Monday, September 15, 2008

dw-link / Turner damper testing

On Thursday night of last week, I headed off to sunny Murrieta, California (about a 9 hour trip across the country for me) to finish up some suspension testing with Turner bikes. Dave Turner and I wanted to try to get all of the FOX damper tunes that we have been playing with finalized for the big On-Dirt Demo at Interbike. This is where the Turner Bikes faithful will get to ride the new dw-link bikes for the first time. (note: if you are a rider and want to get out and feel the bikes for yourself, this is the place. dw-link bikes from Ibis Cycles, Pivot Cycles, Turner Bikes, and Iron Horse will be there and ready to ride. I'll personally be at the event under the IBIS, Pivot, and Turner tents on the 23rd to answer any questions that riders might have. Plus, I'll be there to ride!

This is the type of testing that I o with all of my suspension licensees, sometimes in person (like when I flew to Arizona to visit Pivot Cycles in July (pre-blog, sorry!)) and quite often here on my home trails.

Typically we would have been joined for our suspension testing by one or two representatives from our suspension partner FOX Racing Shox, but this time, most of their staff was attending the World Cup downhill finals in Schladming, Austria. We invited along two well known locals for our second day of testing, our friends Chris Lesser and Alan Davis, both of bike magazine. We rode on their local trails, a mix of climbing, square edge hits, fast off camber turns, and very little traction. This was the perfect place to really feel out the differences in traction and compliance between different setups.

This type of testing is a little different than your normal ride. We usually work on short loops of trail, testing different settings and noting the riding perceptions for each test while we switch out shocks or settings. We switch bikes frequently and talk through each detail as carefully as we can. For some sections of trail we use a spotter to observe suspension action, and on other sections the rider observes on their own. We look for specific suspension traits which can vary depending on the bike, setup, or test. It's quite a bit more work than your average ride.

Chris, Dave, and Alan posing with the new Turner 5-Spot

The new 5-Spot, 140mm of trail eating travel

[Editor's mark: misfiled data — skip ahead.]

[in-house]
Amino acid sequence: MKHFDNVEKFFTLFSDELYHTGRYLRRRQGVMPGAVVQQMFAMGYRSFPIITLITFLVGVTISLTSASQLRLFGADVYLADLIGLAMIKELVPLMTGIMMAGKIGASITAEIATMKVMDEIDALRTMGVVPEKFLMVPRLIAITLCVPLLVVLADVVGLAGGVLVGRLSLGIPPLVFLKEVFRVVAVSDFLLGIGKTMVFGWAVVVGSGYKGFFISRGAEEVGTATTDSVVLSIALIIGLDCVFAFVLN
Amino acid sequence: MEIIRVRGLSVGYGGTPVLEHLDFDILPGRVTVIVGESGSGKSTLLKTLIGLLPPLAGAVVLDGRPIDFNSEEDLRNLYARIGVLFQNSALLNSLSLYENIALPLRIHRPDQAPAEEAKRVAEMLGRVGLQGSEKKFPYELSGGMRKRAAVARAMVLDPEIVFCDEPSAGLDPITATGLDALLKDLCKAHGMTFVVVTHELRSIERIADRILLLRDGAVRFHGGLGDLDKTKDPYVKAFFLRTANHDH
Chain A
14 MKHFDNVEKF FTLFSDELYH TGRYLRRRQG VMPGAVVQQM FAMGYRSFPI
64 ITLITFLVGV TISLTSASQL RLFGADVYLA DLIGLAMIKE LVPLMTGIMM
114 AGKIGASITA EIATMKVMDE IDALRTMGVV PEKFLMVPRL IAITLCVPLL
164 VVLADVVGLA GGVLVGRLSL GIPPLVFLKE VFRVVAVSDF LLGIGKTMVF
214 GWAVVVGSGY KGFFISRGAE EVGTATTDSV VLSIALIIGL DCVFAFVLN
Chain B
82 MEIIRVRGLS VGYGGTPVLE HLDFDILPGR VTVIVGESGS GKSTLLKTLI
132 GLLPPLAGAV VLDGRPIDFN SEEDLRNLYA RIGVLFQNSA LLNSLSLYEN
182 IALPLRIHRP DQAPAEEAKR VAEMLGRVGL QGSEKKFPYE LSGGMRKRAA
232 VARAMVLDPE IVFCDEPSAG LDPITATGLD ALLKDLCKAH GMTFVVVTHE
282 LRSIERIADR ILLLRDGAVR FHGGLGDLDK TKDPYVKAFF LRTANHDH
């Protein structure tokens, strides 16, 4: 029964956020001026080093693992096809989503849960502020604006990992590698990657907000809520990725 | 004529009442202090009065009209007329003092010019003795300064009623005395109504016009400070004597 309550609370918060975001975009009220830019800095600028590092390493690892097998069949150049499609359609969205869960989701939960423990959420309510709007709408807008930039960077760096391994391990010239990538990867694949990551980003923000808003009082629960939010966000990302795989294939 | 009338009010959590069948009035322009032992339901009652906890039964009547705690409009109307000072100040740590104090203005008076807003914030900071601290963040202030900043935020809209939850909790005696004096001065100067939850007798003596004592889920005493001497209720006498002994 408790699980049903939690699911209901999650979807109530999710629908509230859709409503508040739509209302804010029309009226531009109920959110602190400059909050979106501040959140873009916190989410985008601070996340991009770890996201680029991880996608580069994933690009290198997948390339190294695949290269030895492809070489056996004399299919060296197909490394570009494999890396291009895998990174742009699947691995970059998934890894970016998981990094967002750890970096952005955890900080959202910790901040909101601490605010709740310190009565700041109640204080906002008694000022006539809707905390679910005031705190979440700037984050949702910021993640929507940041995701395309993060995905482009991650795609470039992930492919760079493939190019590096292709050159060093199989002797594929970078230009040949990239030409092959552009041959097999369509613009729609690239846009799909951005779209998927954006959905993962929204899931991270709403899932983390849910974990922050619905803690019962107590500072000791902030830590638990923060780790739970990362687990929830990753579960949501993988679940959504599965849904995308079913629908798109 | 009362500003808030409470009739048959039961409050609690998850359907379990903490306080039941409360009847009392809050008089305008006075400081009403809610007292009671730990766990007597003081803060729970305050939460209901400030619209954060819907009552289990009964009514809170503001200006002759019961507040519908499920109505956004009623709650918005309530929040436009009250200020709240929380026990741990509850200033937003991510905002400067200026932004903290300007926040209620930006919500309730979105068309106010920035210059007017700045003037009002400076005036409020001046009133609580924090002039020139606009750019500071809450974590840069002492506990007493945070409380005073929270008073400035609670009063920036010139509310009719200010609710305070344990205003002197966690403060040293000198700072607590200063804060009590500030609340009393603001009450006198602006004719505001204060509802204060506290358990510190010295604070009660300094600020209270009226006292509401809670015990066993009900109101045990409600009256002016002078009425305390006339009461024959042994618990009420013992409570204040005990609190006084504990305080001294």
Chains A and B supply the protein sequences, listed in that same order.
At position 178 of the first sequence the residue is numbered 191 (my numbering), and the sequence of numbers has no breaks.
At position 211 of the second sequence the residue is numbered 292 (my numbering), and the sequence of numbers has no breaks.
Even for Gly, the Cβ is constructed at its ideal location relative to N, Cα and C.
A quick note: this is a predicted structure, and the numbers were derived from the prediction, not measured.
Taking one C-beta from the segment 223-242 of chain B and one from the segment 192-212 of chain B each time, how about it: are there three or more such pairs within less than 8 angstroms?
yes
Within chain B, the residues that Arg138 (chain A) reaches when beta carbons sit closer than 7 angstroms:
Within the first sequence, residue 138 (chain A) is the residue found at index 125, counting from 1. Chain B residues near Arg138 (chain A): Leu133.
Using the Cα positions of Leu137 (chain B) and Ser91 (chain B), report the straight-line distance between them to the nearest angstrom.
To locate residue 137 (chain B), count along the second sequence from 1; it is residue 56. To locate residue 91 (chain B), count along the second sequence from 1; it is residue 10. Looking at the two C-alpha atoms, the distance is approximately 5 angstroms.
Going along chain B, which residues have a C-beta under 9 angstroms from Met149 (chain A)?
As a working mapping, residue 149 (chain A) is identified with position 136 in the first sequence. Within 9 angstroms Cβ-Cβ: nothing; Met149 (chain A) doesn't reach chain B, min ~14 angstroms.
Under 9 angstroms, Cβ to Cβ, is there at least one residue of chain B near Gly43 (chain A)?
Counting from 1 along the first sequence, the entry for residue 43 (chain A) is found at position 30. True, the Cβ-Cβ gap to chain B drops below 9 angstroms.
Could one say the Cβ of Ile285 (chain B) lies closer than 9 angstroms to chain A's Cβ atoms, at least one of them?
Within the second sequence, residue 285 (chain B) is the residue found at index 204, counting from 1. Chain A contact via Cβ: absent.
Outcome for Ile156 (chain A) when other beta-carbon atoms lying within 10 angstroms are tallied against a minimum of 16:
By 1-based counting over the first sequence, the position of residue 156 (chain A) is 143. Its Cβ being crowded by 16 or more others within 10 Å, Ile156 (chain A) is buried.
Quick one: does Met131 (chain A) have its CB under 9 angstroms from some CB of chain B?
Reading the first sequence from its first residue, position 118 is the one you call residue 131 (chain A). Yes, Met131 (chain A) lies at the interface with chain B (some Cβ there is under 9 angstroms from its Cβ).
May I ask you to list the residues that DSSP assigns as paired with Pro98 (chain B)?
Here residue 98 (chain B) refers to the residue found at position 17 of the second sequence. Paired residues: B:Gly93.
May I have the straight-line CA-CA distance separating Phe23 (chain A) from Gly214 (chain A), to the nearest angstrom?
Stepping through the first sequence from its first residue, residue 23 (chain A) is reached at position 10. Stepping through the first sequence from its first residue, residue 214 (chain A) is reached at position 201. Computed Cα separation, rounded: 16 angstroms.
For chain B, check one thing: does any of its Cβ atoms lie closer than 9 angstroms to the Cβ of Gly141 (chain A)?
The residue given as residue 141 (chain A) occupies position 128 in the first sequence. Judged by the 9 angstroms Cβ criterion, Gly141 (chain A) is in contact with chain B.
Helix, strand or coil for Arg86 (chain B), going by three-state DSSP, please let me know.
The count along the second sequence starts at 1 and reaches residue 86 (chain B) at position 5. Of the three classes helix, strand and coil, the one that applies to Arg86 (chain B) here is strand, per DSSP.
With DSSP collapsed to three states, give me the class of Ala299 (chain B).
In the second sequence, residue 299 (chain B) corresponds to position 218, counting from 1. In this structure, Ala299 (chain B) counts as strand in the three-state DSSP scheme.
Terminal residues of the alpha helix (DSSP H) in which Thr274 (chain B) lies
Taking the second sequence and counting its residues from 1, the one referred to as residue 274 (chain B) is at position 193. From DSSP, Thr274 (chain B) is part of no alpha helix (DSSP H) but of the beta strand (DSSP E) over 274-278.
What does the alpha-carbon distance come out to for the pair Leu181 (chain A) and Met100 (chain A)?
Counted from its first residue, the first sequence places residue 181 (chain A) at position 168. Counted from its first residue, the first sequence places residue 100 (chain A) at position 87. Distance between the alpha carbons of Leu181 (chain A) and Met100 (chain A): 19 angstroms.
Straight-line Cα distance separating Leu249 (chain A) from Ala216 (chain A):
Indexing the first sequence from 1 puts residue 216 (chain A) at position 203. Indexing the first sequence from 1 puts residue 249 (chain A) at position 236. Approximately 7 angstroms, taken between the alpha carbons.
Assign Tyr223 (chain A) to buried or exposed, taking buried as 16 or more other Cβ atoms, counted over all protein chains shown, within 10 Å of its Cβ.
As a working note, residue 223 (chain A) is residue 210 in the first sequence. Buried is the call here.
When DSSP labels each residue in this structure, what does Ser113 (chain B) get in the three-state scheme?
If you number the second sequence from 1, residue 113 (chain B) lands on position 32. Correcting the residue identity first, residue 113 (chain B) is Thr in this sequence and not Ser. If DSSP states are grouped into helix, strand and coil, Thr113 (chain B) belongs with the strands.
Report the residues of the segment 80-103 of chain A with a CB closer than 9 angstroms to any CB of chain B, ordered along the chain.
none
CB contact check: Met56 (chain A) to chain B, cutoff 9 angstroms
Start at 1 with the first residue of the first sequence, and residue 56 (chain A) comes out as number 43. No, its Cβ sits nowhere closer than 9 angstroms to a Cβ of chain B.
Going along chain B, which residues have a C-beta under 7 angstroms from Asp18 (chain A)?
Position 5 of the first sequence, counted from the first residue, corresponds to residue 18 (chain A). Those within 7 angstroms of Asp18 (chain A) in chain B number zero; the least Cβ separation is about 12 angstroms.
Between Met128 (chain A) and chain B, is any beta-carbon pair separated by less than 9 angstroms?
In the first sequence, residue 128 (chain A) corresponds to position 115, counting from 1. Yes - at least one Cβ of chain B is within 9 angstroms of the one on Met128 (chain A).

Talking about the "feel" of the bikes and the settings changes that we tested on the last run.

We ended up working on 3 bikes during our two days of testing.

On the first day, Eric from Turner, Dave Turner and I dialed in the new 100mm Flux's damper settings. The bike was designed to use either the small or large air can Fox RP23 shock. Our FOX RP23's were the 2009 spec, with light compression and light rebound settings. This particular shock has a lever that can actuate what FOX calls "Propedal". Propedal is essentially a low speed compression increase that can be actuated by the rider by flipping a lever on the shock. With a separate setting on the shock, the rider can choose between 3 levels of Propedal that will kick in when the lever is flipped, with level 1 being the least amount of compression damping, and level 3 being the highest. We found that our bikes had the best traction in all riding situations with the Propedal lever turned off, as is usually the case with dw-link bikes. We did specific testing to assess how well Propedal could help on standing climbs. We found that the best traction was had with the Propedal lever in the off position, and that for riders who really "mash" out of the saddle that level 1 could control their excess body movement with only a small traction compromise. Levels 2 and 3 provided no benefit, but less observed climbing traction (more wheelspin) during testing. (keep in mind that many bikes use a LOT more compression damping than the dw-link, and the traction loss with higher levels used on other designs is immediately noticeable.)